Chiropractic is an alternative form of medicine based on the theory that adjustments to the spine can treat health problems and improve general well-being. Studies have shown chiropractic to be effective in easing lower-back pain and some types of headaches. The benefits for nonspinal conditions – such as high blood pressure, attention deficit disorder, and ear infections, for example – have been suggested but not scientifically proven.
An Iowa doctor, Daniel David Palmer (1845-1913), is credited with founding modern chiropractic medicine in 1895. The word is derived from the Greek terms for hand (cheir) and action (praxis). Palmer believed that the body has a powerful self-healing ability, but that misalignments of the spine interfere with its natural flow of energy.
Chiropractic treatments involve manipulating the joints and bones in a person’s spine beyond their passive range of motion by using sudden twisting, pulling, or pushing movements. The goal of such treatments is to reverse damage caused by accidents, bad posture, or other spinal problems.
Potential side effects resulting from spinal manipulation include temporary discomfort, headache, and fatigue. Serious complications are rare but include lower-back pain or weakness from damaged nerve roots and blockage of blood supply to the brain from damaged arteries.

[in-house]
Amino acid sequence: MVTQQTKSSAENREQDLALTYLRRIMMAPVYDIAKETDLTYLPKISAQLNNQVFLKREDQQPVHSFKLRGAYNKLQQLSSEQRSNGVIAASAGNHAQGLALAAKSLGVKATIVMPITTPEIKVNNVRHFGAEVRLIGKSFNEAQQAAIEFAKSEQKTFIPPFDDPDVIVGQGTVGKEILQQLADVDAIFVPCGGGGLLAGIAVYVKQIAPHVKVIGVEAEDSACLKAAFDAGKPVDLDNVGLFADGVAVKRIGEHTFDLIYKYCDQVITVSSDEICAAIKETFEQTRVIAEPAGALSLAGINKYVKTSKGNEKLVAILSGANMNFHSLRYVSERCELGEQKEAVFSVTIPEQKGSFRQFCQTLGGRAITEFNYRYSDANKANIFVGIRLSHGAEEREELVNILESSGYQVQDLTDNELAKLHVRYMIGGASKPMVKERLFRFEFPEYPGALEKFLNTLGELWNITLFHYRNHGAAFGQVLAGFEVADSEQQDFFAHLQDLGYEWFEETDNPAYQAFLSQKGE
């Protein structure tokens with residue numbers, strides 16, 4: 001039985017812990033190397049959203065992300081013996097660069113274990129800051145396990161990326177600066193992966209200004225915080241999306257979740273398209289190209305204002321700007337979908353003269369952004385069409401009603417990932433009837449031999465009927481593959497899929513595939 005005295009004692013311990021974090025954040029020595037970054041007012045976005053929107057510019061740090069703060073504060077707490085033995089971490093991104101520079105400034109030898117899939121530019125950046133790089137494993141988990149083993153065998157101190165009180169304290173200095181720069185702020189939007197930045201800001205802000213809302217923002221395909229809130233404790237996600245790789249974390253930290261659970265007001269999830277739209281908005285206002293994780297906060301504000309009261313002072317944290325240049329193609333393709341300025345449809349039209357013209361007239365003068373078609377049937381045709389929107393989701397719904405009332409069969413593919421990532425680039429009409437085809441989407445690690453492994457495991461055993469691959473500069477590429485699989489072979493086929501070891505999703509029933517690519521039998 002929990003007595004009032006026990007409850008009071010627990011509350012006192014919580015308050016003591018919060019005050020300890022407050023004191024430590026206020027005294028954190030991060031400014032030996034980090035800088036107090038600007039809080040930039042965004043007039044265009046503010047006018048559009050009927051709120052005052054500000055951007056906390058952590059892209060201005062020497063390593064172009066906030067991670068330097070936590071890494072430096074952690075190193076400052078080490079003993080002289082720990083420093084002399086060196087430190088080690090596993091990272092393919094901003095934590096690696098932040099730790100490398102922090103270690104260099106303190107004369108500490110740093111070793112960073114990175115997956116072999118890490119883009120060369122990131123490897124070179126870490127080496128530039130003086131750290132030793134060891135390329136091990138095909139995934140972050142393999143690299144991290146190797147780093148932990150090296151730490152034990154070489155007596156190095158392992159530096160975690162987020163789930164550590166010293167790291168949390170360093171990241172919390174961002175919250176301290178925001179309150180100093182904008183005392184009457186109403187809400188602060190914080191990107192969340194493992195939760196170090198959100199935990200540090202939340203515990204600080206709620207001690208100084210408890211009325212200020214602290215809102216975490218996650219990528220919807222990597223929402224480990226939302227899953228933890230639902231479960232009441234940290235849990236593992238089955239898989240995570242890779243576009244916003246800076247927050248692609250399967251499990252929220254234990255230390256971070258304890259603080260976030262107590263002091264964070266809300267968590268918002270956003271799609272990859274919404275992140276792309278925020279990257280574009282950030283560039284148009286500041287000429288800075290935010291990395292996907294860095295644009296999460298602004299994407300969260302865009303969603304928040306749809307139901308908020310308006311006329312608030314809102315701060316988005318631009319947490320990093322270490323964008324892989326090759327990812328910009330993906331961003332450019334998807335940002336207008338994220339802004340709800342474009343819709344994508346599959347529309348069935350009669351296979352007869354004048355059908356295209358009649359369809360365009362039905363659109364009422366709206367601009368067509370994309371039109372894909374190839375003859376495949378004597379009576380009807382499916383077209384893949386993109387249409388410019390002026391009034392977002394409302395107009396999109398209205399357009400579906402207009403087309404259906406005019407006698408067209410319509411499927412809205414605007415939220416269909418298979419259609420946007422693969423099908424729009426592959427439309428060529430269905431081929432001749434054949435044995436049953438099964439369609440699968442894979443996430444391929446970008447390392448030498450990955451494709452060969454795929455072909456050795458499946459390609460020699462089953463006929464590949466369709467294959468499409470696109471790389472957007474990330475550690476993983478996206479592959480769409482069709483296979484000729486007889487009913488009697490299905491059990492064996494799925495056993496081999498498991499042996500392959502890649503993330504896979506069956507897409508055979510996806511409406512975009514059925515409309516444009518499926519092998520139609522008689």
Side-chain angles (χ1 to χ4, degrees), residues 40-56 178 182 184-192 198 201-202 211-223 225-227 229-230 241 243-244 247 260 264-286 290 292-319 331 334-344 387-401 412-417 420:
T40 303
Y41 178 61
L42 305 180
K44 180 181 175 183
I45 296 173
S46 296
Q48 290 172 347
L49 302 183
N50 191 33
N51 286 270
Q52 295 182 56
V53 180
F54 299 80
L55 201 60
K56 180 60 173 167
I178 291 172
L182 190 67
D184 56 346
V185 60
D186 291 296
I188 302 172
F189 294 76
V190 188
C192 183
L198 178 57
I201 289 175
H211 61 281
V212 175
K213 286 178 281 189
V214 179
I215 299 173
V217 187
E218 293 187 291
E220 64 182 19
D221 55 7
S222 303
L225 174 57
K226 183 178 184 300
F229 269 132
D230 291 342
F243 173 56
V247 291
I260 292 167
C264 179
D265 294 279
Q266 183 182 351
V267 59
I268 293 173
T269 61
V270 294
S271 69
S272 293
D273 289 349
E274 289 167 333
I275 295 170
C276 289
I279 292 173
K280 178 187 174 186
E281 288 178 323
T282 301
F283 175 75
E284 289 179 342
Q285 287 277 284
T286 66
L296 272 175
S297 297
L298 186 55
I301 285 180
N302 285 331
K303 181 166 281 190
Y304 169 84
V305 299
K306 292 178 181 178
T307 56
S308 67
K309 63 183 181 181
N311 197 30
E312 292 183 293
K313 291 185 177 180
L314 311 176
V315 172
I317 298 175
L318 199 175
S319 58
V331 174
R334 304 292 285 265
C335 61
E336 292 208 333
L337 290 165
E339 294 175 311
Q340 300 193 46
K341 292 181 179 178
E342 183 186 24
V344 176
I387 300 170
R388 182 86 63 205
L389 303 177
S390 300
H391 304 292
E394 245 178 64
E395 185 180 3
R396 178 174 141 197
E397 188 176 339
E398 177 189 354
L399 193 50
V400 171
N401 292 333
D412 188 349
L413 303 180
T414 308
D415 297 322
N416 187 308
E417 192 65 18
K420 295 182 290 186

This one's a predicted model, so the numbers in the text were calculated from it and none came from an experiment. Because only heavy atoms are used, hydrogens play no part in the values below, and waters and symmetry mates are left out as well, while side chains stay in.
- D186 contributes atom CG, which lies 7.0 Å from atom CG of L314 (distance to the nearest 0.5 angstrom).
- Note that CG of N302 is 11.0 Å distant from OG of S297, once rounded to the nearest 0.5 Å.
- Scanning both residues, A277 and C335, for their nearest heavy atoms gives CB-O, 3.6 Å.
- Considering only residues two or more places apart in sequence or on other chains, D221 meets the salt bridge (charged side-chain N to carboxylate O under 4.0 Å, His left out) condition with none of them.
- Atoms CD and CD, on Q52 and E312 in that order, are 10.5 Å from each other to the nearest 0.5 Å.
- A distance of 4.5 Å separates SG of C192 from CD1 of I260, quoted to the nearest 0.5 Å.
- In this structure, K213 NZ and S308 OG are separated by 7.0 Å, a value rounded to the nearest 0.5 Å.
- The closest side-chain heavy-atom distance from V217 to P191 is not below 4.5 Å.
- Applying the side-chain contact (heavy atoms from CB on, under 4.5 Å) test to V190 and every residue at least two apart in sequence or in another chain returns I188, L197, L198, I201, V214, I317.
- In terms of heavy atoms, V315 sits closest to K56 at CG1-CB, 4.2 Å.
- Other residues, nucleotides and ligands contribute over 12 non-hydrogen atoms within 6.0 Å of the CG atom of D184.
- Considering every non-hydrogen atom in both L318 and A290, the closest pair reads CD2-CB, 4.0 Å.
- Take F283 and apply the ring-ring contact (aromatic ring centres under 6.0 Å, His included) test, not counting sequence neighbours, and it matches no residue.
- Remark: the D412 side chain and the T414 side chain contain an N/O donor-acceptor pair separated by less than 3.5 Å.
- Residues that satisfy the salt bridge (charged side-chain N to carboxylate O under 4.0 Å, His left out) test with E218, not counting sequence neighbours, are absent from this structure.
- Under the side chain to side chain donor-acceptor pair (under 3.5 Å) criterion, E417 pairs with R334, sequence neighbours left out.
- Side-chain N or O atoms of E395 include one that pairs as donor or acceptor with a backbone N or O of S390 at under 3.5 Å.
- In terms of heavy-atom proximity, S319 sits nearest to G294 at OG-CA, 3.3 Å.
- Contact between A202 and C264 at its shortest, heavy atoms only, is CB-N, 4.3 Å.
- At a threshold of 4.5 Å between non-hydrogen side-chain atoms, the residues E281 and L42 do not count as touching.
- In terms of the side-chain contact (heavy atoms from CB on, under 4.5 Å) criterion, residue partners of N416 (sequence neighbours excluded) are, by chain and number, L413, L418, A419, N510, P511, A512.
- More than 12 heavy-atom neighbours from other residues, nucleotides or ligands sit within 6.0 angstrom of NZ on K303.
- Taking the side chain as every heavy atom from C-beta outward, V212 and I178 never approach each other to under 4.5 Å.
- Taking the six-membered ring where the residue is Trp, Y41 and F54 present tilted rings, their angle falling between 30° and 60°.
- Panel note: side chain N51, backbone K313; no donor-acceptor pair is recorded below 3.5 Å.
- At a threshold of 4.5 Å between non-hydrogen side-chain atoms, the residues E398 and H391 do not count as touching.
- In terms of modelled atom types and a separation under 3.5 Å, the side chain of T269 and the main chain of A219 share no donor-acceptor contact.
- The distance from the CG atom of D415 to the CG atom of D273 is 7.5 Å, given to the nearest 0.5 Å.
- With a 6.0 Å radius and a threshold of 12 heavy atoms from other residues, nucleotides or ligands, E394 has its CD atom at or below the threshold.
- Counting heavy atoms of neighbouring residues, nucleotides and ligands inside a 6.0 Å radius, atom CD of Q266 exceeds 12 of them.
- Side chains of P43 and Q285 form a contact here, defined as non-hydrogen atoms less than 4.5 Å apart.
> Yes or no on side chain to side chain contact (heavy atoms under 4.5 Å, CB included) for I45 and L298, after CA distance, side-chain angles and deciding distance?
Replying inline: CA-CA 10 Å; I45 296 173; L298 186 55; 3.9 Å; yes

Some chiropractors use heat or ice, electrical stimulation, acupuncture, or ultrasound to help relax a person’s muscles before spinal adjustment. They may also incorporate healing strategies such as dietary supplements, rehabilitative exercise, and nutrition and weight-loss counseling.
About 20 percent of Americans have received chiropractic care at some point in their lives, a 2002 national study found. Compared with other forms of alternative medicine, chiropractic is frequently covered by insurance: Many health care plans, including Medicare and Medicaid in some states, cover chiropractic services.
1. Doctors of chiropractic (DCs) must complete 3 years of undergraduate study plus 4 years of accredited chiropractic school.
2. Half of all working Americans say they have back pain. It is the second most common reason for a visit to the doctor in the United States.
3. The “backbone” is made up of 33 doughnut-shaped bones called vertebrae.